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Russia’s ACRA to aim at breaking monopoly as Moody’s exits
March 19, 2016, 7:06 am

Russia has condemned repeated downgrades by the US-based "Big Three" credit ratings agencies as "politically motivated" [Xinhua]

Russia has condemned repeated investment downgrades by the US-based “Big Three” credit ratings agencies as “politically motivated” [Xinhua]

Russia’s new national Analytical Credit Rating Agency (ACRA), seen as a domestic competitor to global ratings agencies, plans to issue its first ratings this year, according to CEO, Ekaterina Trofimova.

ACRA applied for a license to operate in Russia on February 29.

On Friday, one of the “BIG Three” international ratings agencies, Moody’s, announced it has officially stopped issuing local credit ratings for Russian companies. This was widely expected after Russia said new regulations will force international rating agencies working in the country to issue local data through a Russia-regulated subsidiary and guarantee they won’t withdraw local credit ratings under outside political pressure.

“This decision was taken in light of legislative changes and other potential restrictions applicable to the business of providing national scale ratings (NSRs) in Russia,” a Moody’s statement said.

Earlier in February, Fitch Ratings also said they plan to stop issuing local ratings in Russia.

The new Russian regulations take effect in 2017.

The five BRICS heads of state during their annual summits in Brazil and Russia in the past two years have discussed the idea of establishing an independent ratings agency.

The “Big Three” global credit rating agencies, all based in the US – Standard and Poor’s, Moody’s, and Fitch Ratings have been criticized for their favorable pre-crisis ratings of insolvent financial institutions like Lehman Brothers.

DR Dogra, Managing Director and CEO of Indian credit ratings agency CARE, said Moscow’s homegrown credit-ratings firm is a positive step forward.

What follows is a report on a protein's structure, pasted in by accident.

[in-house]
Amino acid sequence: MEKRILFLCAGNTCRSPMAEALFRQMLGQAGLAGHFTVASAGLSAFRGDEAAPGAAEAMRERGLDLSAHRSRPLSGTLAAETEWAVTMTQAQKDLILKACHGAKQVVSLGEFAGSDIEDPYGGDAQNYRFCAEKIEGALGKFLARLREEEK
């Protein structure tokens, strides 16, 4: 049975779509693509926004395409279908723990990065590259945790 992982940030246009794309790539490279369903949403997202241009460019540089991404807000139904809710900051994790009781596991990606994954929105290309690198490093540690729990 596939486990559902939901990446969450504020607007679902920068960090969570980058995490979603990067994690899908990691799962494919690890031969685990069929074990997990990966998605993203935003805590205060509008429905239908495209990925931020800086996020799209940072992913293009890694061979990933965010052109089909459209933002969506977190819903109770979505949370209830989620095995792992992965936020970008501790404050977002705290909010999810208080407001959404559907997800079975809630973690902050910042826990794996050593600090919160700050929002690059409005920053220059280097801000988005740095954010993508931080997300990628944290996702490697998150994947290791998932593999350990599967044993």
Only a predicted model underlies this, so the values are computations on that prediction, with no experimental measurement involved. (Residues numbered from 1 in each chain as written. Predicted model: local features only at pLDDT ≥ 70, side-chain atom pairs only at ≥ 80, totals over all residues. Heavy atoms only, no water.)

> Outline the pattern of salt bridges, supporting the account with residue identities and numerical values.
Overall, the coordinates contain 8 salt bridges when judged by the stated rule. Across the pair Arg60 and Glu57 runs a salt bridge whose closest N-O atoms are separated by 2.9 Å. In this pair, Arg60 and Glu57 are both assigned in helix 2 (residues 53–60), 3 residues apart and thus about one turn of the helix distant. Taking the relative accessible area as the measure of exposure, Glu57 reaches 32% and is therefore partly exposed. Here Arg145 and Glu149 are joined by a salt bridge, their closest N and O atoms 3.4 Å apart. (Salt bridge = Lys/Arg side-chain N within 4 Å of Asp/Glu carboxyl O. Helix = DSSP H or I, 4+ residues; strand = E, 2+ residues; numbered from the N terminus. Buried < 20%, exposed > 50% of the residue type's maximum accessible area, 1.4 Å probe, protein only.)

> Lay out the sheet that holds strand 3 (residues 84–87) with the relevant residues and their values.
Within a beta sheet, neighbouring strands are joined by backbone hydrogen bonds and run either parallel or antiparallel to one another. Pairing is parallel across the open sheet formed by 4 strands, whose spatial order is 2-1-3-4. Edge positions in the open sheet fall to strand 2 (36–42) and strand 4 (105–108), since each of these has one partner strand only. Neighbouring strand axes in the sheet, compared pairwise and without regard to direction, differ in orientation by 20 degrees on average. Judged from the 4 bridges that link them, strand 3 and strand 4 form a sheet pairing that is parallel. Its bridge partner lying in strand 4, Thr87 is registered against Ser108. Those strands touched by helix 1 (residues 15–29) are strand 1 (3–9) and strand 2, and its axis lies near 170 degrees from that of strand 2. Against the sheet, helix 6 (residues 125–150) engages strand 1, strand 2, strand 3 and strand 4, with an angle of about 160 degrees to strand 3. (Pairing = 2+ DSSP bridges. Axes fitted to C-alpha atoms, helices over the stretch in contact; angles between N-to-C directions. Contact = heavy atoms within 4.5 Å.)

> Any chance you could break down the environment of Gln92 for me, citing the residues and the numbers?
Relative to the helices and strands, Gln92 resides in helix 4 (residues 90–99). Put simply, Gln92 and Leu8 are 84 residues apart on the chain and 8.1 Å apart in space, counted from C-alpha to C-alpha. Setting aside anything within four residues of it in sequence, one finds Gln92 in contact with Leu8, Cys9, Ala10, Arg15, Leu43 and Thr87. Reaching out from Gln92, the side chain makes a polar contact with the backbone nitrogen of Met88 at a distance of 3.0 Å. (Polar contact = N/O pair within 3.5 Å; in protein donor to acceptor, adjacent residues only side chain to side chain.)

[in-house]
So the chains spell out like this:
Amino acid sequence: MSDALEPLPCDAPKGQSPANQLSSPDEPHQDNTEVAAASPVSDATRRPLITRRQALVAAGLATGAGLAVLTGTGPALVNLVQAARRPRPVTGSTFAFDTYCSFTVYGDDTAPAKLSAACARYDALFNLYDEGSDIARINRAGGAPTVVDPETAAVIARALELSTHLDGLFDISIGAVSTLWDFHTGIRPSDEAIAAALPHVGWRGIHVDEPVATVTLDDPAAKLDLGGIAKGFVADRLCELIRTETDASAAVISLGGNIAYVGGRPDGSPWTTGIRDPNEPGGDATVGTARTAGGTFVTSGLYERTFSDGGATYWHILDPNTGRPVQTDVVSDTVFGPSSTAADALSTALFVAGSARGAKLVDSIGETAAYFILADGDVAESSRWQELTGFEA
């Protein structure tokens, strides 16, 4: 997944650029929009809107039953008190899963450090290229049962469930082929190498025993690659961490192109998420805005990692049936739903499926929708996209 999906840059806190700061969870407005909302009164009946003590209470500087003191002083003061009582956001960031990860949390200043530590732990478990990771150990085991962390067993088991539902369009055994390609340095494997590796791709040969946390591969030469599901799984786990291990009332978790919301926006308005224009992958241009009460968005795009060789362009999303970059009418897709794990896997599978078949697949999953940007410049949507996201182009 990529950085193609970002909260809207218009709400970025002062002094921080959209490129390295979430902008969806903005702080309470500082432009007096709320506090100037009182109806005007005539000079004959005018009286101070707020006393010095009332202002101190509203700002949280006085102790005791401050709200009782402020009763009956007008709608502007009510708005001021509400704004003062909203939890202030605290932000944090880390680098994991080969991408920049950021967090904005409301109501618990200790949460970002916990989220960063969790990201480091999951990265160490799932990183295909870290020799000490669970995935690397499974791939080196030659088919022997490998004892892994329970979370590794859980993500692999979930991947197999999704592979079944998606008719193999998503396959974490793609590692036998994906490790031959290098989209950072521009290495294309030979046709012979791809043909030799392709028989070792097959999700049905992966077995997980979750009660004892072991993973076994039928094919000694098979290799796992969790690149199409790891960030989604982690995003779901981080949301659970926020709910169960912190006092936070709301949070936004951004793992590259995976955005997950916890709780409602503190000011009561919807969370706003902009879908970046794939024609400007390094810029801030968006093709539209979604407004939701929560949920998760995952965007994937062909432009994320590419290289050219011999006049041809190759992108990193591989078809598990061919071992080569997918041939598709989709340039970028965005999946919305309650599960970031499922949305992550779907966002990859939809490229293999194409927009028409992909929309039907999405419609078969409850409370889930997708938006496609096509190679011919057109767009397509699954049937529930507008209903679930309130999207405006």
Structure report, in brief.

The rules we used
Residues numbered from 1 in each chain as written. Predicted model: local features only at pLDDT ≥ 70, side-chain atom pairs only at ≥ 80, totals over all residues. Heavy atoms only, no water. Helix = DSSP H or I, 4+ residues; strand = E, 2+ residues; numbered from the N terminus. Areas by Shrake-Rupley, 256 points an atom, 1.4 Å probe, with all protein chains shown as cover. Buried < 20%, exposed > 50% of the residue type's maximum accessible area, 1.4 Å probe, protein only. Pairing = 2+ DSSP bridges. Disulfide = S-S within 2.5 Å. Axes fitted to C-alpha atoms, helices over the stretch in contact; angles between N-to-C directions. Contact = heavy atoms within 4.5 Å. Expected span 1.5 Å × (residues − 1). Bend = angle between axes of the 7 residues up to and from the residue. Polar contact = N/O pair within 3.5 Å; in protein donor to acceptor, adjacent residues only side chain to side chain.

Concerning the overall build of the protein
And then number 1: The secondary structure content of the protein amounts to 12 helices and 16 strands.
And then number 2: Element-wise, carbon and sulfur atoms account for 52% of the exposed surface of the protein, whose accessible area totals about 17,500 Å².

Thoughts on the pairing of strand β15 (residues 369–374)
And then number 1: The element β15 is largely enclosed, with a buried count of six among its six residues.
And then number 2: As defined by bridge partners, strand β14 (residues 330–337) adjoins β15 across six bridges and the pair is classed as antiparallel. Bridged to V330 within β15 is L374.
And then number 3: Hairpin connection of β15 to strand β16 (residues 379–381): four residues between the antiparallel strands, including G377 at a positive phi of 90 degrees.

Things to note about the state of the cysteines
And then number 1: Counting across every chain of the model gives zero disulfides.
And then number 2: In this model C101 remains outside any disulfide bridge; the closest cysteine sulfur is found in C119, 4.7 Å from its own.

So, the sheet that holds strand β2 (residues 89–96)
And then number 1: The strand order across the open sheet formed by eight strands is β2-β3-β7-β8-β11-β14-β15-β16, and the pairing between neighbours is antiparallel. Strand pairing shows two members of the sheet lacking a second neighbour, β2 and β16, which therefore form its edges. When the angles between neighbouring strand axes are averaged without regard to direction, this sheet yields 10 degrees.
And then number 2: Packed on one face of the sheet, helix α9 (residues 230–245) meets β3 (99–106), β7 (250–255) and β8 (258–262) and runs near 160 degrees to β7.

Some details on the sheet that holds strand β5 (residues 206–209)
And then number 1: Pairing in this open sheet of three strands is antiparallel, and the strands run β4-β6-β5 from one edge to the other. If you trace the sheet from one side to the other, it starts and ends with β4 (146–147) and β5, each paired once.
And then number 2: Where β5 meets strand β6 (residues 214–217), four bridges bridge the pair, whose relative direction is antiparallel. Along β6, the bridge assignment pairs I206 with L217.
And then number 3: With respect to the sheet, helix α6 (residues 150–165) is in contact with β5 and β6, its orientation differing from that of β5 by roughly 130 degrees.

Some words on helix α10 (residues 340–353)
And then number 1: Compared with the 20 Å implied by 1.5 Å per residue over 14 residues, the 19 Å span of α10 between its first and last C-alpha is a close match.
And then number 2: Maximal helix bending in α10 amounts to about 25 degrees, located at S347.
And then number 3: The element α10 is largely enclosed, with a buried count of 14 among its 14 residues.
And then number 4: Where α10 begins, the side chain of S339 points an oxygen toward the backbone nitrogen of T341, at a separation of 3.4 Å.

“The development in the credit rating space in Russia is interesting as it brings in local knowledge and experience while evaluating credit rating. The existence of such agencies does add value to the system and while the international rating agencies will have to take their own decision relating to the regulatory systems that have to be adhered to, the creation of ACRA in Russia is a good step,” Dogra told The BRICS Post.

“As Russia is part of the fast growing BRICS nations, we would see this very positively as we need to have more competition in the market which should also logically extend to the global space,” he added.

Russia’s ACRA, however, is not the first attempt to break the monopoly of the ratings market.

Rating agencies from China, Russia and the United States officially launched a new credit rating company in Hong Kong in 2013 to challenge the current industry leaders.

Brazil’s SR Rating, CARE Rating of India and GCR of South Africa also tied up with CPR of Portugal and MARC of Malaysia to form a new ratings agency in 2013.

Lia Baker Valls Pereira, senior researcher at Brazil’s premier, Getulio Vargas Foundation, warns that the criteria used by any new BRICS ratings agency must be well documented and transparent.

“A ratings agency must be independent to be reliable. A ratings agency controlled by the BRICS governments will face difficulties in proving its independence,” says Pereira.

 

TBP

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